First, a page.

Hi Minkin,Minkin wrote:This whole thing does seem somewhat silly. I'm willing to accept director revisionism of color grading, when it is their wishes (thus this isn't really similar to Wild River). In this case, it seems odd to claim better knowledge of how the film should look than the director, who has approved the damn thing.
I do find you (Svet) to be one of the best reviewers out there. (one of our other oft-mentioned reviewers has essentially abandoned reviewing, and just tries to make a mathematical equation out of bitrates and "warm skintones"). That said, some of your color complaints have seemed slightly odd. For example - giving the 4K Playtime a 3.5 vs the older transfer's 4.5 - where I'd imagine it would be more difficult to promote the older release, given the vast improvements in detail the 4k option offers (I don't recall any other reviewer having issue with the color). But so are the difficulties with reviews - as you have to consider the totality of the image. Things are more difficult when you try to give it a score. A question might be: is that score based off a universal ideal on how a blu-ray should look, or is it based off of "the best the image could ever hope to look for each individual film?" I'd prefer the latter option - as you can't hold everything to the same standard. Anyone else tired of all of the small detail finagling ? God help us if Ultra High-def discs become a standard.
Thank you for the very good question.
Some quick comments:
1. When the box set came out, I had already seen all of the restorations via Canal. So, Play Time wasn't the first disc I picked to view.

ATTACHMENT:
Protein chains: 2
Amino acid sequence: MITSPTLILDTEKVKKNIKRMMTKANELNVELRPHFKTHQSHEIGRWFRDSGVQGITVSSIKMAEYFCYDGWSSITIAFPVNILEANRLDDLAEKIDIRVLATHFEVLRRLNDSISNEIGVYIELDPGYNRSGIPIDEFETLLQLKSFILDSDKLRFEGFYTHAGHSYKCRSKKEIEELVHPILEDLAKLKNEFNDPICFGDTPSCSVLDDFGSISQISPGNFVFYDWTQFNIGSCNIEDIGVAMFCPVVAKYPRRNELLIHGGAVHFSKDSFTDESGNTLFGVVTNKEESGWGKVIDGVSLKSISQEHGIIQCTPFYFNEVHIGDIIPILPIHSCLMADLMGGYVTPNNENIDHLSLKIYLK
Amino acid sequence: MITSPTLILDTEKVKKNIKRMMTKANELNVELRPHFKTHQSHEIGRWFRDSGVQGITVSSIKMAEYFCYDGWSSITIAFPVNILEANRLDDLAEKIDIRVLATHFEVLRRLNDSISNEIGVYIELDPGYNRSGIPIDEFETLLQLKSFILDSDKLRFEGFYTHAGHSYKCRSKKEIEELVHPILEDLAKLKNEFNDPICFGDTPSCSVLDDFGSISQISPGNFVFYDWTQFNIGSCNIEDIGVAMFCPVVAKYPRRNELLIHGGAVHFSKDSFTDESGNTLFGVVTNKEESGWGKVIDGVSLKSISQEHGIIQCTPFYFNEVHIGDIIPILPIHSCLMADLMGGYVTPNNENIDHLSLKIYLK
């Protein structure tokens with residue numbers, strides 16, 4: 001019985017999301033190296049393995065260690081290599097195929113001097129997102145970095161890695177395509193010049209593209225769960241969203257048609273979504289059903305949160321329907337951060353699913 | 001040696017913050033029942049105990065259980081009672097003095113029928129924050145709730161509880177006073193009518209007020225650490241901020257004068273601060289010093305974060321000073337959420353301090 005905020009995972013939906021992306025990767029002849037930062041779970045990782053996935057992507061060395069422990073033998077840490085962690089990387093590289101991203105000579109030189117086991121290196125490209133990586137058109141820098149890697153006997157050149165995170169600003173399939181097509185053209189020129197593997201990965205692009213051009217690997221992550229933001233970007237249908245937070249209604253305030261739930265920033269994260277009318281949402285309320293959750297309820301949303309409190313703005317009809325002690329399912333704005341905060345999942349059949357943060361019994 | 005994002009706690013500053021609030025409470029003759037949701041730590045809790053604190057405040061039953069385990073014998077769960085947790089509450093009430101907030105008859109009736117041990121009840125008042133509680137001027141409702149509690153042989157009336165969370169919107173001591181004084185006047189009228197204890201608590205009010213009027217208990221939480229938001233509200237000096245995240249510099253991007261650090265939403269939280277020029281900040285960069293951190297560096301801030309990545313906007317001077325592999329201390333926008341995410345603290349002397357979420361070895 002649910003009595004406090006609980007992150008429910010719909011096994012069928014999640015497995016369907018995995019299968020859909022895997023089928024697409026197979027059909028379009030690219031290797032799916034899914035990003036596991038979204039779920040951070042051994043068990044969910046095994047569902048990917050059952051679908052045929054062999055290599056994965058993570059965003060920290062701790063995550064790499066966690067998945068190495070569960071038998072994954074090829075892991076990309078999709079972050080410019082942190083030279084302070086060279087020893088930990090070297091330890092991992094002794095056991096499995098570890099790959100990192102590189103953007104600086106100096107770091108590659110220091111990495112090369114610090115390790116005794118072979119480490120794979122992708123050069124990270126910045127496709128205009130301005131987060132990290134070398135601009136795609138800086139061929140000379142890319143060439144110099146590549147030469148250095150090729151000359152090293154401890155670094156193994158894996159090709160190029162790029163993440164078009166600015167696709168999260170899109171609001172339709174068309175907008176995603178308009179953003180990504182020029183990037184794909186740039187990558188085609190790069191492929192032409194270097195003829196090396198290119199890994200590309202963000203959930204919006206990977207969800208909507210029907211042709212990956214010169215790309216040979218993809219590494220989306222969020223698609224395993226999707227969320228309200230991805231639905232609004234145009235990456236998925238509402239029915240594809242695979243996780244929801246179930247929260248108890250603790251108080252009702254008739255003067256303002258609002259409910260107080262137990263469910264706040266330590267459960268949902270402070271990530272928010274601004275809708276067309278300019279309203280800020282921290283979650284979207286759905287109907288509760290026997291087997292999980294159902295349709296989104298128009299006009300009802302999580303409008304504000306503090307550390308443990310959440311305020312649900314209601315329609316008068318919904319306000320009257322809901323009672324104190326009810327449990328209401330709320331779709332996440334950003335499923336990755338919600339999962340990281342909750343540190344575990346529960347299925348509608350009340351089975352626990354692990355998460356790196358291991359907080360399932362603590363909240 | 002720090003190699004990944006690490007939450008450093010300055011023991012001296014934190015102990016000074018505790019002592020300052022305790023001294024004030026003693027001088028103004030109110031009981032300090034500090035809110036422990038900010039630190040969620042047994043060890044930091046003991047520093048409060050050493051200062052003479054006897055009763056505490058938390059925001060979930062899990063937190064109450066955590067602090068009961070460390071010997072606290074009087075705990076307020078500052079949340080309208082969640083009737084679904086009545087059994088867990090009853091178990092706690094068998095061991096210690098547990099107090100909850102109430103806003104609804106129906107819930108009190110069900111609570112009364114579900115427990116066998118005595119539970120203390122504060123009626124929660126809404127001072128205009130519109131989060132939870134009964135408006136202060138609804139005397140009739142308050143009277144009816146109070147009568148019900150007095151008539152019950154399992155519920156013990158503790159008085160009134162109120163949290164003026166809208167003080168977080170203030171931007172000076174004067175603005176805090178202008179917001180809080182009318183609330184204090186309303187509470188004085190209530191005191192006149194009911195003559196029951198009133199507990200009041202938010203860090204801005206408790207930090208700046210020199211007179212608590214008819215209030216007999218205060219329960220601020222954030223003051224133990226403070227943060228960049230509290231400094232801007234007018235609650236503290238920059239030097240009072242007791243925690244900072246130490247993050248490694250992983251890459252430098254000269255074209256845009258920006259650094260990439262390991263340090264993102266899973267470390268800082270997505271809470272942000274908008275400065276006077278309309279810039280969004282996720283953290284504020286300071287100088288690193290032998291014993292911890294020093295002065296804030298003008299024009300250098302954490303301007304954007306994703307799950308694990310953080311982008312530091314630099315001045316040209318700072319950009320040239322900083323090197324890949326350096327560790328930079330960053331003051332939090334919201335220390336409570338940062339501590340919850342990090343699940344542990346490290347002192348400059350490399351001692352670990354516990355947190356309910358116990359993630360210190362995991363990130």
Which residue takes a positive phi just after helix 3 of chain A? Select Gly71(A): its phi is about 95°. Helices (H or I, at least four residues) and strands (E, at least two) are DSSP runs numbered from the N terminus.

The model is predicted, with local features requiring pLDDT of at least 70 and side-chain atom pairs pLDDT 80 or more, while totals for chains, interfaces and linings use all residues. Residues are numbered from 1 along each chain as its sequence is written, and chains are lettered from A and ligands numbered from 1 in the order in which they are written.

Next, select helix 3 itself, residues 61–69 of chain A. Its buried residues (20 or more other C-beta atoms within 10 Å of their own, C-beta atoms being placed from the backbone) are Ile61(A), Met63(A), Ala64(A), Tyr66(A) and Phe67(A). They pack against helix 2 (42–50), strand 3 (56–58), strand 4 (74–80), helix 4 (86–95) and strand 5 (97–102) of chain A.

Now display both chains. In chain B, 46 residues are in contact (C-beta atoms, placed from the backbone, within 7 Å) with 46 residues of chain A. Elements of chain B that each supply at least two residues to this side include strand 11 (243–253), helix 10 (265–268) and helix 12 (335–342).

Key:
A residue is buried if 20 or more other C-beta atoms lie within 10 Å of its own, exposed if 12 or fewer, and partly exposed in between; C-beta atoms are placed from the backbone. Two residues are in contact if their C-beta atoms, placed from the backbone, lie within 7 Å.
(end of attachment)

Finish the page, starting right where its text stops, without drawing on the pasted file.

2. Play Time: Detail is fantastic, but this is hardly surprising -- the scan is of very high quality. However, if you take a closer look at the grading of all of the color films in the box set, you should see that on all of them there is a very similar warm push -- it is present on Mon Oncle, Trafic, and on the shorts. What is really unusual is that it is also present on Parade, which was shot on video, 16mm and 35mm. I can see a number of similarities which tell me that these films had similar settings for the color identities. The fact that Parade looks so similar to Trafic is a big red flag for me. It appears that when these films were graded, someone decided that they should share the same/similar warm color settings.
3. Also, Minkin, it has become quite obvious that many, many restorations of color films coming out of France favor the same color tonalities. This is another very big red flag for me.
For example, Canal's big 4K restoration of Purple Noon has a number of similarities with Play Time (the second half, in particular is very interesting to analyze), but it was quickly dismissed because it was heavily filtered. And as you know, Criterion's 2K restoration looks very different.
It is suspicious, to say the least, that so many French restorations of color films look so similar. Take a look at Gaumont's regular 2K restorations and you should quickly notice that the color grading on the overwhelming majority of them appears to have been done with preset identities.
4. State of Siege - Detail there can be outstanding, especially when there is plenty of natural light. But there are purely digital effects there. When you get your disc, pay attention to the footage from the church in the beginning of the film.
I will see you on the forums